A couple who offered their then-unborn child for adoption to three California couples are scheduled to be extradited today to Los Angeles from Arizona, the Los Angeles city attorney's office said Monday.
Ronald Bruce McElroy, 31, and his common-law wife, Sue Ellen Mitchell, 27, each face three counts of grand theft and two counts of failing to follow through with an adoption stemming from their allegedly having taken almost $5,000 in cash and living expenses, including $2,600 from an Arleta couple.
The grand theft misdemeanors each carry a maximum penalty of one year in jail; the adoption charges carry six-month maximum terms.
McElroy and Mitchell were arrested for hitchhiking July 13 in Kingman, Ariz., and have since been held on outstanding arrest warrants filed by the Los Angeles city attorney's office in December.
City Atty. James K. Hahn said extradition proceedings on misdemeanor charges are rare but allegations of "preying on emotionally vulnerable childless couples reached the level of abhorrence to justify it."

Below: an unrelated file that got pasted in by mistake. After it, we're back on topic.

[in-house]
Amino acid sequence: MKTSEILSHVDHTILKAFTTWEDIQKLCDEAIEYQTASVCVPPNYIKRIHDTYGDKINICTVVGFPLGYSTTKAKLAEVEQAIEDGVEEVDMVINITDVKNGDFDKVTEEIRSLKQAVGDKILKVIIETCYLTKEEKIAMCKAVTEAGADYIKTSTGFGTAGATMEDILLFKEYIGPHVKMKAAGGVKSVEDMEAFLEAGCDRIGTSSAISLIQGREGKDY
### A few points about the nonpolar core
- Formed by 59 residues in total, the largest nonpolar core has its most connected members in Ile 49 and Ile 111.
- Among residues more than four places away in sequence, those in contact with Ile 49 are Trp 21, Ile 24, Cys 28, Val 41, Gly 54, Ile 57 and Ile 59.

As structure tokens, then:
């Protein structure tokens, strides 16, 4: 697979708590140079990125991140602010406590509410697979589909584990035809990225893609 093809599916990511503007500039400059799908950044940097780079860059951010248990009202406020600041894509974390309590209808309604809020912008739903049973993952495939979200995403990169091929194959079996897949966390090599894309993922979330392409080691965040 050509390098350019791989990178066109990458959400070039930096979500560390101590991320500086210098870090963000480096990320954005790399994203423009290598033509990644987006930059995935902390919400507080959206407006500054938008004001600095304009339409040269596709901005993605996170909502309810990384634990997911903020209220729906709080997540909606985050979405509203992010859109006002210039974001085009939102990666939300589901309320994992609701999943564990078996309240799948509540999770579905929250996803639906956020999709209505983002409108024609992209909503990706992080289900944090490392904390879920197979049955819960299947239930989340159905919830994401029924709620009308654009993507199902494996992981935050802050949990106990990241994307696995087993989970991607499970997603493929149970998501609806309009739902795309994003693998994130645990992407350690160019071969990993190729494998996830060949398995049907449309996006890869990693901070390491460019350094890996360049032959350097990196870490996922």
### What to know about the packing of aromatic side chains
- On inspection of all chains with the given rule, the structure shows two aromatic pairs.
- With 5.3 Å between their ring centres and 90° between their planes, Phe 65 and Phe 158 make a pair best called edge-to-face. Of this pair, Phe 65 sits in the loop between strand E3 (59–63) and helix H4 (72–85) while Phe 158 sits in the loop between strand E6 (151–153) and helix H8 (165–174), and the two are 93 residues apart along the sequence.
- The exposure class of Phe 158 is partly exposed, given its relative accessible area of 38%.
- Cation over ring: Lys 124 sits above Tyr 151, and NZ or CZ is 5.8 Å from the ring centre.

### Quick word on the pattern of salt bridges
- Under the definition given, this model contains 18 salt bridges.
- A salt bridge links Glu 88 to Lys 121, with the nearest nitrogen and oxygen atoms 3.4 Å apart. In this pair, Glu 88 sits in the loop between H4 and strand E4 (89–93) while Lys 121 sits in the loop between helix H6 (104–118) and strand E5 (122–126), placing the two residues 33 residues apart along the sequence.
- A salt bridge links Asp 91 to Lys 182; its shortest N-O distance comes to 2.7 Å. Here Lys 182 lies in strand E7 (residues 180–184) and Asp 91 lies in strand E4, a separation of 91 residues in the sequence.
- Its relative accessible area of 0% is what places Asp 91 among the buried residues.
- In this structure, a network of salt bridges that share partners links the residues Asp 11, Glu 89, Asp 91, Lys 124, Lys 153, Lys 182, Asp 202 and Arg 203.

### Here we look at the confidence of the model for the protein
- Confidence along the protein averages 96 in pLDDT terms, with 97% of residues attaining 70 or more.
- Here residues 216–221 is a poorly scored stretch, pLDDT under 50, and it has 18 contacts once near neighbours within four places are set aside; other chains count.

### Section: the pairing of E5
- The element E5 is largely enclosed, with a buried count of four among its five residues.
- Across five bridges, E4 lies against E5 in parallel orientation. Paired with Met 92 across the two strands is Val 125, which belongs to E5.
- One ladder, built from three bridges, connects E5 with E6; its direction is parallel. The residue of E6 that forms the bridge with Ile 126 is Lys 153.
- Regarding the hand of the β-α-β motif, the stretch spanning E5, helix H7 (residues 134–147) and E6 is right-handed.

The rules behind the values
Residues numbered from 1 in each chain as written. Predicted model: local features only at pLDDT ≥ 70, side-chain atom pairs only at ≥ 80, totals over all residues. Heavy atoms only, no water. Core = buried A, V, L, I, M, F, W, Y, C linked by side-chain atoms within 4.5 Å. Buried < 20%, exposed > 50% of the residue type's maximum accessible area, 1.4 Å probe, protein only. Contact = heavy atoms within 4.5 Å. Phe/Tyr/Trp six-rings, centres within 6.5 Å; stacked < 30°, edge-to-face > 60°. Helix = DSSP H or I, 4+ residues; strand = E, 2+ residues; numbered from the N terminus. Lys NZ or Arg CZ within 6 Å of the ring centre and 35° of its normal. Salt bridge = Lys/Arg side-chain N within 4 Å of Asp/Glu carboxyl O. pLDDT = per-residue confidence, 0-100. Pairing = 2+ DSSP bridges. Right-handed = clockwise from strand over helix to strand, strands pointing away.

Children Not With Couple
In addition, said Deputy City Atty. Sue L. Frauens, who is prosecuting the case, the office "is extremely interested in finding out . . . what happened to the child," which was due in December. When arrested, McElroy and Mitchell, whose hometowns are Monroe, Ga., and Tomah, Wis., respectively, did not have the infant or their 2-year-old son with them.
Frauens said that, in early October, McElroy and Mitchell contacted couples in Arleta, San Diego and West Los Angeles, each of whom had advertised in out-of-state newspapers for children to adopt. The San Diego couple gave $1,639 in assistance to the suspects while the Arleta couple gave them more than $2,680 in cash and living expenses, authorities said.
Authorities were notified of the alleged scam after an attorney representing one of the couples became suspicious when she learned that McElroy and Mitchell had also contacted the West Los Angeles couple--also clients of hers--about adopting the same baby.
Frauens said couples can legally pay maternity-connected medical and living expenses as an act of charity in hopes of adopting the child. But it is illegal, she said, for a pregnant woman to accept expenses with no intent of completing the adoption.